Seawater-dominated, tectonically controlled and volcanic related geothermal systems: the case of the geothermal area in the northwest of the island of Euboea (Evia), Greece

Abstract

The northwest of the island of Euboea is located in a back-arc geological position, at the western extremity of the North Anatolian Fault. In that area, several hot springs occur in three locations (Ilia, Gialtra, Aedipsos; including newly found offshore-springs) with temperatures up to 84 °C, depositing ore-grade thermogenic travertine. The geothermal system is seawater-dominated and under pressure, using the local fault systems and is related to the Plio-Pleistocene Lichades volcanic centre. The whole area could be characterized as the lateral tips of a major fault segment, with the presence of complex networks of additional fault systems leading to fault intersections. That conclusion is also supported by the travitonic data. The geothermal fluids are near neutral pH, sodium-chloride and their chemistry is controlled by: (i) high seawater participation, (ii) a deep magmatic source and (iii) chemical composition of the bedrocks. Based on all the available data, including drilling and temperature logging data, the bedrock hosting the upflow circulation of the geothermal fluid is not in hydraulic connection with cold aquifers or permeable geological formations of the area. The local metamorphic rock formations are impermeable and work as a geothermal cap. Also, Aedipsos’ vast deposit of thermogenic travertine probably acts as a second geothermal cap formation. However, at the same time, it presents serious thermal anomalies, since major geothermal fluid circulation has been identified inside its fractures. According to chemical geothermometers, the temperature of the geothermal reservoir is 140–164 °C. The typical geothermal gradients in the area are from 7.8 °C/100 m to 18.7 °C/100 m. In one case, an anomalous high geothermal gradient (53.9 °C/100 m) was found, most probably due to spatial shape diversity of the geothermal reservoir, a suggestion also supported by the estimated circulation depth of the geothermal fluid, which varies from area to area (~ 300–1800 m) and the fluid residence time (by 226Ra–222Rn method), which is around 80–100 years.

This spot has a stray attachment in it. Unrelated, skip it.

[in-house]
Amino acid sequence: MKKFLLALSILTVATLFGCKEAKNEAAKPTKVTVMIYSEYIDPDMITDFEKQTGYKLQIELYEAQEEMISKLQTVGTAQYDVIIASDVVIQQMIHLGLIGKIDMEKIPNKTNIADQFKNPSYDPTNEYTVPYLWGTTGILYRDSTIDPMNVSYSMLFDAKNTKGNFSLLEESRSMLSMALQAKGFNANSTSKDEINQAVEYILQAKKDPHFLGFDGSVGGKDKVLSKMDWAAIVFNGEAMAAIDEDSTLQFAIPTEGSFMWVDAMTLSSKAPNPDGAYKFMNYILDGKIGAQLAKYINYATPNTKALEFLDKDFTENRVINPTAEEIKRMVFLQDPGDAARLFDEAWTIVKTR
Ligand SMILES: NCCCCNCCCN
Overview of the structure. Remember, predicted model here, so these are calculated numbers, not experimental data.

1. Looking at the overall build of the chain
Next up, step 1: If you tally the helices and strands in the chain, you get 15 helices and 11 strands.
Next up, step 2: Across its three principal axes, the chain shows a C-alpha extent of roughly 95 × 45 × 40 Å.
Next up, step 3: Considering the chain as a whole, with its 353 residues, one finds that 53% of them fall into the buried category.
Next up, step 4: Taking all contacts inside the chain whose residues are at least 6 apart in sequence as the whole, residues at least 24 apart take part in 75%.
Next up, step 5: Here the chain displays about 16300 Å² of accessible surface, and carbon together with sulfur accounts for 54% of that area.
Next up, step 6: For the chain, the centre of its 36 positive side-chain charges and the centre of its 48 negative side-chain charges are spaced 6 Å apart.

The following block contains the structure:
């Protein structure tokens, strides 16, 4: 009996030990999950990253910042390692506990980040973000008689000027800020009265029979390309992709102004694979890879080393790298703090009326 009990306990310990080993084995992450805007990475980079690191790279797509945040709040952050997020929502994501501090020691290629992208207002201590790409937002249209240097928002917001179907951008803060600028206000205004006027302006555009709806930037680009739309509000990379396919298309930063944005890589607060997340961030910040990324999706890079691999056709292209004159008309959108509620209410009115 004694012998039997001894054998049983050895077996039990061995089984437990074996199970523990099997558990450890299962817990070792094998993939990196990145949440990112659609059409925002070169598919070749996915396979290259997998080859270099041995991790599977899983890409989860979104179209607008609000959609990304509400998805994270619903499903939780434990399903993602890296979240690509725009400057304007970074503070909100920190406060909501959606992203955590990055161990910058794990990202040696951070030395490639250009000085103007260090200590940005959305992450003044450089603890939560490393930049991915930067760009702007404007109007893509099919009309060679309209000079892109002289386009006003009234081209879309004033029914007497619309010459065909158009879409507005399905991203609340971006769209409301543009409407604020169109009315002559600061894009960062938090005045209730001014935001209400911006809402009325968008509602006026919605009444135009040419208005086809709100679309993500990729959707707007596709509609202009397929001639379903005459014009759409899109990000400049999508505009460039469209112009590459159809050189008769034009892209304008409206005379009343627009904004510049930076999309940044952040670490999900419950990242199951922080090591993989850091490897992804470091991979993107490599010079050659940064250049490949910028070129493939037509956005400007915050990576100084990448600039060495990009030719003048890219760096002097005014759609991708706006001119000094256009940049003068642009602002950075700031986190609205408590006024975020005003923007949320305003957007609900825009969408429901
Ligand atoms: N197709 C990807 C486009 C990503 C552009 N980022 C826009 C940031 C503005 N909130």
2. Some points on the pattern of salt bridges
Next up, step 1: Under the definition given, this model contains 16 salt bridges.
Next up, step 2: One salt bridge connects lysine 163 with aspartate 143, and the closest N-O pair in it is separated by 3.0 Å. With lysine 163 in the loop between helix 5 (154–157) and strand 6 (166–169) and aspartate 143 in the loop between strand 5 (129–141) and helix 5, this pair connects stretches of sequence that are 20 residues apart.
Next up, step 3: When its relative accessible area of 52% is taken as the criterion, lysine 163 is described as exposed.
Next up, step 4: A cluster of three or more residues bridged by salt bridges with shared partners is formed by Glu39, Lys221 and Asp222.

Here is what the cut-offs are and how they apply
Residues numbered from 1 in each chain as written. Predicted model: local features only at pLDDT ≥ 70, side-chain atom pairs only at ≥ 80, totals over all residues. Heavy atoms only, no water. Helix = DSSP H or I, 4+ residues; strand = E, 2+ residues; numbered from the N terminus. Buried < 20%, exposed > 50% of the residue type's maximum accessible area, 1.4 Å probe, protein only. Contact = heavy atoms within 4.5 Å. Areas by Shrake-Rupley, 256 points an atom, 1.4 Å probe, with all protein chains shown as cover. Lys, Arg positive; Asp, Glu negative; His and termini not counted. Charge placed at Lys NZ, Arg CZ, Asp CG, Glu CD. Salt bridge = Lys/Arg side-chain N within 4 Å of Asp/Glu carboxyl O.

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Acknowledgements

This study was funded by the National Strategic Reference Framework (NSRF, 350913). The authors would like to thank the local authorities, the local population and especially the Director of the Public Properties Company- Aedipsos branch, Ilia Siakantari for their co-operation during the fieldwork.

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Correspondence to Christos Kanellopoulos.

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Kanellopoulos, C., Xenakis, M., Vakalopoulos, P. et al. Seawater-dominated, tectonically controlled and volcanic related geothermal systems: the case of the geothermal area in the northwest of the island of Euboea (Evia), Greece . Int J Earth Sci (Geol Rundsch) (2020). https://doi.org/10.1007/s00531-020-01889-7

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Keywords

  • Geothermal energy
  • Tectonically controlled geothermal system
  • Seawater dominated geothermal system
  • Volcanic related geothermal system
  • Aedipsos (Edipsos or Aidipsos)
  • NW Euboea (Evia)